Additionally, the federal government’s Basic Analysis for Comprehensive Waste Management shows more than 1,440 final disposal sites (65 percent of the total) concluded their useful life in 2020.
Tenorio says society must shift from a linear to a circular model of production and consumption. This model emphasizes efforts to reduce wasteful design and practice, maximizing the value of all resources – including human resources – in the supply chain. Its workability relies heavily on awareness of the need to rein in the manufacture and use of items that cannot be repurposed.
Aguascalientes suffers from limited monitoring and innovation for integrated municipal solid waste management policy development. The results are weak citizen participation, clandestine dumps, overflowing garbage containers, and infectious outbreaks amid a pandemic public health crisis.
Some of the institutions and authorities involved in the sector prefer not to generate data for which they would eventually have to take responsibility. The Secretariat of Public Services admits to “not having a record of old urban solid waste disposal sites, due to the constant changes of administration to which it is subjected.”
Saúl, who has spent his life combing the dump sites in person, seems to have a more accurate file in his head. A family member of the CTM’s founders, he affiliated with the union at an early age. He remembers that he began to work in a clandestine dump near his house on the San Pedro River. The garbage was left out in the open because, the owner of the land claimed, “It served as fertilizer for the crops,” Saul says.
From there, Saul picked his way through multiple dumps over the years until he reached the San Nicolás Landfill. He says that back before the landfill, about 20 people used to work in each dump, the trash wasn’t buried like now, and the sites lasted no longer than two or three months.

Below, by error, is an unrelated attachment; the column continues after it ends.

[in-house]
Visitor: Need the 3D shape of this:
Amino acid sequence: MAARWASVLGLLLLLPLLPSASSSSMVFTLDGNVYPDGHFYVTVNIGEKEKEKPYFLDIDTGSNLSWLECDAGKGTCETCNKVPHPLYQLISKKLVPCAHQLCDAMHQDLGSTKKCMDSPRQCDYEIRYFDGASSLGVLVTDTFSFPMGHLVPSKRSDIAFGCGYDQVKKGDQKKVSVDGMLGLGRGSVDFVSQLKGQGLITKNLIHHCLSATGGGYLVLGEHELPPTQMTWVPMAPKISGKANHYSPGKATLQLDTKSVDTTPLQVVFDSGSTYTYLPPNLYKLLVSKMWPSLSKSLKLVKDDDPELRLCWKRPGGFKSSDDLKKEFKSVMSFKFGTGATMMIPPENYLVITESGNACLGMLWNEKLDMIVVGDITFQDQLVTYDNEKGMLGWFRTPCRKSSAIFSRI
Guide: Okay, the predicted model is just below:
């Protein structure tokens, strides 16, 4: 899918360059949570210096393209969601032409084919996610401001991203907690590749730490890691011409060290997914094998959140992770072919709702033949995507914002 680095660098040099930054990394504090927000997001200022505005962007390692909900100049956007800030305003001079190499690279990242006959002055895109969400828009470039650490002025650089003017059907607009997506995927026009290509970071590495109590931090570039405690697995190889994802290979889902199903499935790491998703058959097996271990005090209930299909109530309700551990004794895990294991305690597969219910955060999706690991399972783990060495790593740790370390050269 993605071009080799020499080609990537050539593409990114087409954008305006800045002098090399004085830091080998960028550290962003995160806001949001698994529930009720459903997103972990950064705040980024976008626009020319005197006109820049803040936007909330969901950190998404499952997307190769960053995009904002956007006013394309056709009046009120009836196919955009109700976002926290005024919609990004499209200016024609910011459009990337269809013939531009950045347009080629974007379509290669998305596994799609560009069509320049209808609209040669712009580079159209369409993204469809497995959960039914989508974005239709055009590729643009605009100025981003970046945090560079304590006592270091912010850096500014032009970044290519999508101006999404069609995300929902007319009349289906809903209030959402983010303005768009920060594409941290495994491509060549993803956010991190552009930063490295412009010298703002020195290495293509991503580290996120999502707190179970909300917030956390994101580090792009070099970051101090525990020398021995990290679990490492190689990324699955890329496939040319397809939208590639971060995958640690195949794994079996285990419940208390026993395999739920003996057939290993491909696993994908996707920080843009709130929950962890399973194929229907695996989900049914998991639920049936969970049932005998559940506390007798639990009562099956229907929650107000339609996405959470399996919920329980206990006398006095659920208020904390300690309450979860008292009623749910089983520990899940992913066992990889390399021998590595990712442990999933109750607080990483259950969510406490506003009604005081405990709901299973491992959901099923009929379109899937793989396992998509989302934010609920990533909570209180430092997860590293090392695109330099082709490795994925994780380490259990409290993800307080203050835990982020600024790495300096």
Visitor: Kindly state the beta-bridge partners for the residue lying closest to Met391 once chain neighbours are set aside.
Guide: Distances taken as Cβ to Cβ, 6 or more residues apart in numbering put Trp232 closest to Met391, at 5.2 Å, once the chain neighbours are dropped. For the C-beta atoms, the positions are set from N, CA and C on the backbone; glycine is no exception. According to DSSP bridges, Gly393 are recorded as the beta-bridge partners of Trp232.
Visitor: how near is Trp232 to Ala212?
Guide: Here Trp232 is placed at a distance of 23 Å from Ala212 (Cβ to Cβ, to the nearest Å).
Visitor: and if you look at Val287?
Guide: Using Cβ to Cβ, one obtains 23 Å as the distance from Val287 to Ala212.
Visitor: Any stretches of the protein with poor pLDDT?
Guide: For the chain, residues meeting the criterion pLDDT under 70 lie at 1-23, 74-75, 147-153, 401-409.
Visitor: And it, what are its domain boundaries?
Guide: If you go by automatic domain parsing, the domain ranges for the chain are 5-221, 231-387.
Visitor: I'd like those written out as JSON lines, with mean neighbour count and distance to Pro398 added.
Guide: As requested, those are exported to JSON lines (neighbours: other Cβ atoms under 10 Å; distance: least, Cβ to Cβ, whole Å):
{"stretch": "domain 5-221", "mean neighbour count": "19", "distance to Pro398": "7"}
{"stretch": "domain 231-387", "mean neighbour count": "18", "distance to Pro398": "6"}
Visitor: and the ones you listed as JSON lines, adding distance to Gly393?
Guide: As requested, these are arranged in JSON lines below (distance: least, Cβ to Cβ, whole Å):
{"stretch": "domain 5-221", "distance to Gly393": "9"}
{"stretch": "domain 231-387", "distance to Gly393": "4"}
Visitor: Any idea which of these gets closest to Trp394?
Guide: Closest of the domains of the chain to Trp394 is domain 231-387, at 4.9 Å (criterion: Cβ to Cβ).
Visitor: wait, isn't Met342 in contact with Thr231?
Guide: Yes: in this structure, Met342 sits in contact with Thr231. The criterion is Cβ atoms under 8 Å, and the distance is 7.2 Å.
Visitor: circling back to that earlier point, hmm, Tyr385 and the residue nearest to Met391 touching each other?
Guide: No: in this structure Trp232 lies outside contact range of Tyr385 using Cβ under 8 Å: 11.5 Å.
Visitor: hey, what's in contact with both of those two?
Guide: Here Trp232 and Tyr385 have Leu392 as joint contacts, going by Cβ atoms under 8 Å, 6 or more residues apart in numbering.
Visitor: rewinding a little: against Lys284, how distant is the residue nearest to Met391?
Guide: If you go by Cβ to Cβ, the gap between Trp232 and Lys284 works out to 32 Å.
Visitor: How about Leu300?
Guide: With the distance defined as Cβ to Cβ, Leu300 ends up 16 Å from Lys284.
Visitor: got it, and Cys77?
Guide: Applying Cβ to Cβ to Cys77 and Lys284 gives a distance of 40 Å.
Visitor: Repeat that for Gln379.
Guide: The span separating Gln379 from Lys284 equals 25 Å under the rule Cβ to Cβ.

Zoom in to see a map of the dumps in which Saúl, along with other pepenadores, worked throughout his life.
Some 22 million unsalaried waste sorters the world over handle 30 to 80 percent of the material disposed of in many cities. state-wide, an estimated 6,000 unsalaried recyclers work in the informal sector. As long as society’s throwaway mentality persists, they serve as a bulwark against the loss of valuable resources. Working in the streets and dumps, they capture and repurpose castoff materials.
However, they work without adequate health protection and without social security benefits. They are exposed to a toxic brew of hazardous chemicals and are vulnerable to violations of both human and labor rights. Stigmatized with a history of economic and social marginalization, they seek incorporation into the formal economy by organizing to demand a living wage.
Their industriousness is blazing trails to better health and welfare for their families and their communities. By collecting and separating reusable or recyclable materials of their own accord, they relieve the growing burden of mismanaged municipal solid waste. Inclusive recycling policies aim to incorporate them into the salaried workforce. However, obstacles to their participation abound. Accordingly, grassroots groups are advocating for improved pay and benefits for them while helping consumers reduce and separate their waste.